Day 2: Venice
Venice Travel Blog› entry 2 of 11 › view all entries
On this day Jon and I were up bright and early and ready to tour the city. After a fantastic breakfast at our hotel we took the shuttle across to San Marco Plaza to meet the rest of the group. The three that had gone missing the day before had eventually made it to Venice and then continued on through other parts of Italy for their own self-directed adventures. We would not see them until we boarded the ship to set sail for Greece.
We took in the beautiful views of Saint Mark's Plaza before popping into the basilica for a tour. The church is a hodgepodge of various architectural styles, most notably Byzantine. The story of the rise to glory and riches for Venice is intertwined with that of Saint Mark's.
The church is filled with famous mosaics depicted Noah and the floods among other biblical stories. There is also a golden altarpiece studded with rubies, emeralds, pearls, and other precious gems.
Overall I found the church to be beautiful but not awe inspiring in the way of Saint Peter's in Rome.
We crossed the Piazza and headed for the Correr museum.
After a quick lunch, the group entered the Doge's Palace. It's a pale pink building with overdone ornamental architecture on St. Mark's Square that once held the local governing offices for the city-state of Venice. As I mentioned before Doges were very powerful, controlling both the church and the government. One of the interesting features of the palace are the Mouths of Truth scattered about the complex.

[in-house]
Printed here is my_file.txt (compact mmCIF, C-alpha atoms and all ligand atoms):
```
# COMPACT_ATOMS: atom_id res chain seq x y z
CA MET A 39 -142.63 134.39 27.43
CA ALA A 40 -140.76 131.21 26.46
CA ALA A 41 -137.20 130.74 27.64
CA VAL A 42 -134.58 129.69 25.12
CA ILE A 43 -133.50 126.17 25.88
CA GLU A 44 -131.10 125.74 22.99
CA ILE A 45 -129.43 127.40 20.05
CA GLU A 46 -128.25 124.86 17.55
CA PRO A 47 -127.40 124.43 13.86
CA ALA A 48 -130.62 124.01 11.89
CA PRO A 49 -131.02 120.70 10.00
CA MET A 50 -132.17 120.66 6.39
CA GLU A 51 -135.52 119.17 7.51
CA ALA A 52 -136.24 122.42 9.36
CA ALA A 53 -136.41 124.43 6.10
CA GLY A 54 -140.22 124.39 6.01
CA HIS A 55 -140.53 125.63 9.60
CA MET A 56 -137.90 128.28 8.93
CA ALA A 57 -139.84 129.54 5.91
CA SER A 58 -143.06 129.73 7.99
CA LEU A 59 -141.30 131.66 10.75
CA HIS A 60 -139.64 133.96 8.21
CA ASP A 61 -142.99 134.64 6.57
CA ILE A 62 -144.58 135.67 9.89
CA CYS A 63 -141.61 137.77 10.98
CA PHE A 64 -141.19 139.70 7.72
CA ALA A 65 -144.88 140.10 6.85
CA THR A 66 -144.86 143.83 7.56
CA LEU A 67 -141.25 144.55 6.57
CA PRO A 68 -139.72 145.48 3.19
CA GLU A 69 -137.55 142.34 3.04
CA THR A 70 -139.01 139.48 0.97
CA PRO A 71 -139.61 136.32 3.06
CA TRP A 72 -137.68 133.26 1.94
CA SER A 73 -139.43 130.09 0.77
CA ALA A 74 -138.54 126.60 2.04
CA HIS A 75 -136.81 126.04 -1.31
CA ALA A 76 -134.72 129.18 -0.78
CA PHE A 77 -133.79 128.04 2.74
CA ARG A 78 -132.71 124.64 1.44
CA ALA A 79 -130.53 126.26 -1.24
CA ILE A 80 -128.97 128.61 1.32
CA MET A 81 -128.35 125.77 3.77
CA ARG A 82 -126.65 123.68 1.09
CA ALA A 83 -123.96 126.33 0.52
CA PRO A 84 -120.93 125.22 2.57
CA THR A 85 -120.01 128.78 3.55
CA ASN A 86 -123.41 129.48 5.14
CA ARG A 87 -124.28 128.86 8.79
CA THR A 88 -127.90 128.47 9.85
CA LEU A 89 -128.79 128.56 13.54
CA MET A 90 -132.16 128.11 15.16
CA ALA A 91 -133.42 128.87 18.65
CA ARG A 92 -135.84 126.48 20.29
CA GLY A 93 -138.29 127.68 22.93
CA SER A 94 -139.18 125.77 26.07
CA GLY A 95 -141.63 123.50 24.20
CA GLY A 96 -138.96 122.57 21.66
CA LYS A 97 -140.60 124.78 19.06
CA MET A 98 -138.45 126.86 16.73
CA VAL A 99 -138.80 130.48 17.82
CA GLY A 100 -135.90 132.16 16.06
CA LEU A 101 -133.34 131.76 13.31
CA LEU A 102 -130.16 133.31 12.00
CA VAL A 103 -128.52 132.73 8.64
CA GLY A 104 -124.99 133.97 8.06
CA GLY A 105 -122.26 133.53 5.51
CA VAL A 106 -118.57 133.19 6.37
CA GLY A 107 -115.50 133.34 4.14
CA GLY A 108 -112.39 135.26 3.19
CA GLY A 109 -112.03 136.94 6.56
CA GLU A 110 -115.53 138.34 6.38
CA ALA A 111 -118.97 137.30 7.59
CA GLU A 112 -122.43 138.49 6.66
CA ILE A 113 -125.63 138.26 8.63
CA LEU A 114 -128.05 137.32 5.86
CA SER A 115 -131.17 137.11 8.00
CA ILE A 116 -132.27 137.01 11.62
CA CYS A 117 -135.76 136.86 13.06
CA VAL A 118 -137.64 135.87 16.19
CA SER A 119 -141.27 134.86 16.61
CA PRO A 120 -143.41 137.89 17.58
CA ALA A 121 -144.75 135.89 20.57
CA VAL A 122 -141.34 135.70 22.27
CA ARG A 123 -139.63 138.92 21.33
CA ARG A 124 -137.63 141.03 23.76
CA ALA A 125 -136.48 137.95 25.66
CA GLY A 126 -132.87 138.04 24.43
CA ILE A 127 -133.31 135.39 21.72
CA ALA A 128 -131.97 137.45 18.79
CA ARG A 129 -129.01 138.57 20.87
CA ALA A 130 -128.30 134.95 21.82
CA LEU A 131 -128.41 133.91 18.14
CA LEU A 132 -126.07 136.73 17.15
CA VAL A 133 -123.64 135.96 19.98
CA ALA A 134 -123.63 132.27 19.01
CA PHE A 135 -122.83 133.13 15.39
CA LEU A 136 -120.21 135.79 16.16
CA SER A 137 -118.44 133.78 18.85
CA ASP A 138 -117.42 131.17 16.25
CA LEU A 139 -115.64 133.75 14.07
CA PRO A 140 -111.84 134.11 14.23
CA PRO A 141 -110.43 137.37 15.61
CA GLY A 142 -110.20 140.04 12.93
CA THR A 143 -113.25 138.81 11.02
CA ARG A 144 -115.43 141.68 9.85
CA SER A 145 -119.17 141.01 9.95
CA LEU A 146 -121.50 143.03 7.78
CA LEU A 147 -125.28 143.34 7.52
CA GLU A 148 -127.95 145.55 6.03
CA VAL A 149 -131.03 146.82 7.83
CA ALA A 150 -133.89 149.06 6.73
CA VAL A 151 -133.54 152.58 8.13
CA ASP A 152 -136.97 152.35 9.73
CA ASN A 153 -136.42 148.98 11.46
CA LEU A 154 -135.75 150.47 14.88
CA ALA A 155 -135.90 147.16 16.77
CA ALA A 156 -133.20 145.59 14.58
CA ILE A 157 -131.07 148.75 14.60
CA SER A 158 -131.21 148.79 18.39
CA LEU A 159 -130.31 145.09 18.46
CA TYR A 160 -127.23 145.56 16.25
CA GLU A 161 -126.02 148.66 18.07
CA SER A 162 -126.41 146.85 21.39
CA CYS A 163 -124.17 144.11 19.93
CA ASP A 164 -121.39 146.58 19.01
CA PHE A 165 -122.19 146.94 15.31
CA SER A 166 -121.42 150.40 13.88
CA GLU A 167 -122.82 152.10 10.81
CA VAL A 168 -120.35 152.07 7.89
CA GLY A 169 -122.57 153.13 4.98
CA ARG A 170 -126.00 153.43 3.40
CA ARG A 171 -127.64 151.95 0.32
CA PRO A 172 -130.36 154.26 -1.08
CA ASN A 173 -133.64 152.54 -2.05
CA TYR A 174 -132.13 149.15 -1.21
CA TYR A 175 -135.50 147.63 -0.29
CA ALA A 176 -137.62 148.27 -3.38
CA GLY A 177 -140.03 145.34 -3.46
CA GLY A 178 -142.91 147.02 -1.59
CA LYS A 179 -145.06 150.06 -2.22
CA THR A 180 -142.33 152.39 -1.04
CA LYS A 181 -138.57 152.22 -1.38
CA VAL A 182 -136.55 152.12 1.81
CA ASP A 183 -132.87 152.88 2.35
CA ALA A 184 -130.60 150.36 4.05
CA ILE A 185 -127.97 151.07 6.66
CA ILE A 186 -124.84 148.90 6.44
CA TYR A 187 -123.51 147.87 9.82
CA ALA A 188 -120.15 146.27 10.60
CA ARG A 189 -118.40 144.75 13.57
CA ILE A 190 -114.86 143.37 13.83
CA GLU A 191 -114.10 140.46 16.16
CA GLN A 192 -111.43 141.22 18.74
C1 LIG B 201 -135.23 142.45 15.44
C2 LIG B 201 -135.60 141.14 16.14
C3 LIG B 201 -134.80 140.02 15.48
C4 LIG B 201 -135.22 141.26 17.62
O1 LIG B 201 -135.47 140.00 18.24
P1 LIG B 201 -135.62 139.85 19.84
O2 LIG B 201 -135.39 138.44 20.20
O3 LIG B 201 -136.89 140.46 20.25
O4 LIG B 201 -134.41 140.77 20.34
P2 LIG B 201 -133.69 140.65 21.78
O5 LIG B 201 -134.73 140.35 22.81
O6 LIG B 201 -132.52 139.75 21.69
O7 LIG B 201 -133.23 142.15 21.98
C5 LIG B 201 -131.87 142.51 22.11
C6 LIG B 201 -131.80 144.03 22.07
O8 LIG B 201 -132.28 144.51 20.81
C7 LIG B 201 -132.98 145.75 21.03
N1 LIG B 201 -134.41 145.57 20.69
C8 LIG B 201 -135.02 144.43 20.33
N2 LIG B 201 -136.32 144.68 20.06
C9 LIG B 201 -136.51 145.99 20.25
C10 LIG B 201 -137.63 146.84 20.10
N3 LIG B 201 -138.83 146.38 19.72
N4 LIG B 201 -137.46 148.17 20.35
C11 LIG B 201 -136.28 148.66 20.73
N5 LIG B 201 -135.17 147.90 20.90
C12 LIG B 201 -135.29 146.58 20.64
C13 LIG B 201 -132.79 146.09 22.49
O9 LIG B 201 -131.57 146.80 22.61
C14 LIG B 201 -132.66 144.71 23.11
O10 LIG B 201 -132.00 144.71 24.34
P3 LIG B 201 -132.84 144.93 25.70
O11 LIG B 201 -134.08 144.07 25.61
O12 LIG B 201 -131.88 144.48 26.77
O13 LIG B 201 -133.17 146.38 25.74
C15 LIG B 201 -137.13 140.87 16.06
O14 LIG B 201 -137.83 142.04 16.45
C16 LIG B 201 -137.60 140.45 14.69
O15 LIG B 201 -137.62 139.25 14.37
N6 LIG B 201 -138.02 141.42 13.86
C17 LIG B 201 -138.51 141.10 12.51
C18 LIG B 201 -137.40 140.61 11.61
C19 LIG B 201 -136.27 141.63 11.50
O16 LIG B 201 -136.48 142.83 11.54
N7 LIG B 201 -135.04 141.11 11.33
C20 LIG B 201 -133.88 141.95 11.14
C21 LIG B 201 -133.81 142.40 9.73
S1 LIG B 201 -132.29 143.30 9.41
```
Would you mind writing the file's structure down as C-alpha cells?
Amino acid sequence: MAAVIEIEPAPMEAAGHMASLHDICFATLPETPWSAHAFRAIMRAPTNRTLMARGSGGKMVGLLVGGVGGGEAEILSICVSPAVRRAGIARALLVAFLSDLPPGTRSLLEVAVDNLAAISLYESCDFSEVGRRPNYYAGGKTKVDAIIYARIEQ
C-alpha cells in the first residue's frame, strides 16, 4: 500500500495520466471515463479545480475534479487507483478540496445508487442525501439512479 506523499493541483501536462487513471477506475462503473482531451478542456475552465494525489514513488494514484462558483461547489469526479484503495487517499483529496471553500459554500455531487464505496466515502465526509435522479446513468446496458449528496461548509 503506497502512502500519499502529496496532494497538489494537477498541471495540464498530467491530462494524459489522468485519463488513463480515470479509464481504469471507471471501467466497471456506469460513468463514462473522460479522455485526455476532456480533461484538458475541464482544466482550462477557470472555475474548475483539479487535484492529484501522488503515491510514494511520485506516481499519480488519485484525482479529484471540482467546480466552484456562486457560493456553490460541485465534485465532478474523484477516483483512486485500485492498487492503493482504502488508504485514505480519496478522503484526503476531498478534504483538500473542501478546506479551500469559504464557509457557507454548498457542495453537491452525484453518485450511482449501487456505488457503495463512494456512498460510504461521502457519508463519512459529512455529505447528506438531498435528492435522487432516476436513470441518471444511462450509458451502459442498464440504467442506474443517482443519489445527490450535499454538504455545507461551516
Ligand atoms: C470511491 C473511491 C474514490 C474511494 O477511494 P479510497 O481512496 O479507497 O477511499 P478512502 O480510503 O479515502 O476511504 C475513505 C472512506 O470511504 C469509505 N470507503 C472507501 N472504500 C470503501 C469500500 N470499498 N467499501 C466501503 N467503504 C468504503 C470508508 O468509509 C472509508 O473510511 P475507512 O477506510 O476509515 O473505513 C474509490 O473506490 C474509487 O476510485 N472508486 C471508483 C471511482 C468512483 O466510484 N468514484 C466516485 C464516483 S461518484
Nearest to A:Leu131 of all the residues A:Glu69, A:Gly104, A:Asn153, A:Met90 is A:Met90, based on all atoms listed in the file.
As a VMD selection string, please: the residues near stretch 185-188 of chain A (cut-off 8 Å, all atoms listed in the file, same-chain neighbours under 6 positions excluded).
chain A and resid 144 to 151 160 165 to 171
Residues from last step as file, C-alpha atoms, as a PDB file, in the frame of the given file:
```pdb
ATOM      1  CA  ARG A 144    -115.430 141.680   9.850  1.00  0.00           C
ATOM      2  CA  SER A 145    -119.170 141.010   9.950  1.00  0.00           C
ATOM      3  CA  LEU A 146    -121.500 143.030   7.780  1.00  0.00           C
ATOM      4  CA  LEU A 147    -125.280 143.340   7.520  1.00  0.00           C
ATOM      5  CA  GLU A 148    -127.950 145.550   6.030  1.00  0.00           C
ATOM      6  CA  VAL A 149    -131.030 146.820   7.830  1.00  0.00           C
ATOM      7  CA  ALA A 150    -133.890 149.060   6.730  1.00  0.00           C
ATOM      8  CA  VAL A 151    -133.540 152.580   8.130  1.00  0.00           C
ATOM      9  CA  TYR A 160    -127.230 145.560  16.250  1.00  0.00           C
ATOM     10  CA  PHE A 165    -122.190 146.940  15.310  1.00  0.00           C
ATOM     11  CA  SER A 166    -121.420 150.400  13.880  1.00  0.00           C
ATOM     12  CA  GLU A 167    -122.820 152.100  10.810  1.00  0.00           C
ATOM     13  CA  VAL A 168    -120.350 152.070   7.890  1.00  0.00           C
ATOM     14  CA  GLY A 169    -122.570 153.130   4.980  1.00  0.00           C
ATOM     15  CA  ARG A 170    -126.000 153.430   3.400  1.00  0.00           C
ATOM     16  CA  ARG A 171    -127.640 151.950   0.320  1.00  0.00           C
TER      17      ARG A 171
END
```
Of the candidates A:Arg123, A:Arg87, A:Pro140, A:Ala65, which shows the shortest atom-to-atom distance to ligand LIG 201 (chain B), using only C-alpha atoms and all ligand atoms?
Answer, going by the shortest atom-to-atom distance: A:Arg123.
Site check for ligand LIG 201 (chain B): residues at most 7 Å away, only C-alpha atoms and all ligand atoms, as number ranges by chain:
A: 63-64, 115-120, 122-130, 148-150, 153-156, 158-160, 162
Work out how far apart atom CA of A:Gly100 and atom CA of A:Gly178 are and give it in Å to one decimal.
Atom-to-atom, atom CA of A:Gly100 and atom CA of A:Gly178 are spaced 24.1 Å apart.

There are various rooms of interest in the palace such as those where justice was deliberated and one could be sentenced to death, private rooms of the Doge for everyday life, armory rooms that still hold gruesome weapons and torture instruments and of course DUNGEONS. The dungeons were in use from the time the palace was built in the 800s to the 1930s. There are still carvings on the wall made by the prisoners and you get a real sense of the despair and hopelessness that must have hung in the air when you wander through the narrow dark and damp tunnels. Connecting the prisons to the outside world is the Bridge of Sighs. It's a famous landmark of Venice and from atop it came the last glimpse prisoners would have of sunlight before being marched down to the dungeons.
Soon after we emerged from the palace we stumbled upon two of the three remaining members right in the piazza who had arrived into Venice that afternoon (bringing the total group count to 12 but then minus the three that had gone off sightseeing elsewhere in Italy we were down to 9).
We did dinner as a group at Osteri Alle Testiere. While the restaurant came highly recommended and was affordable, I found the cuisine lacking as compared to that offered in southern Italy such as Rome. I would later have the same experience throughout our vacation and concluded that I simply prefer southern to northern Italian cuisine.
Note: Make sure to check out all our photos below including the video Diane took- a 360 degree presentation of St Mark's Square..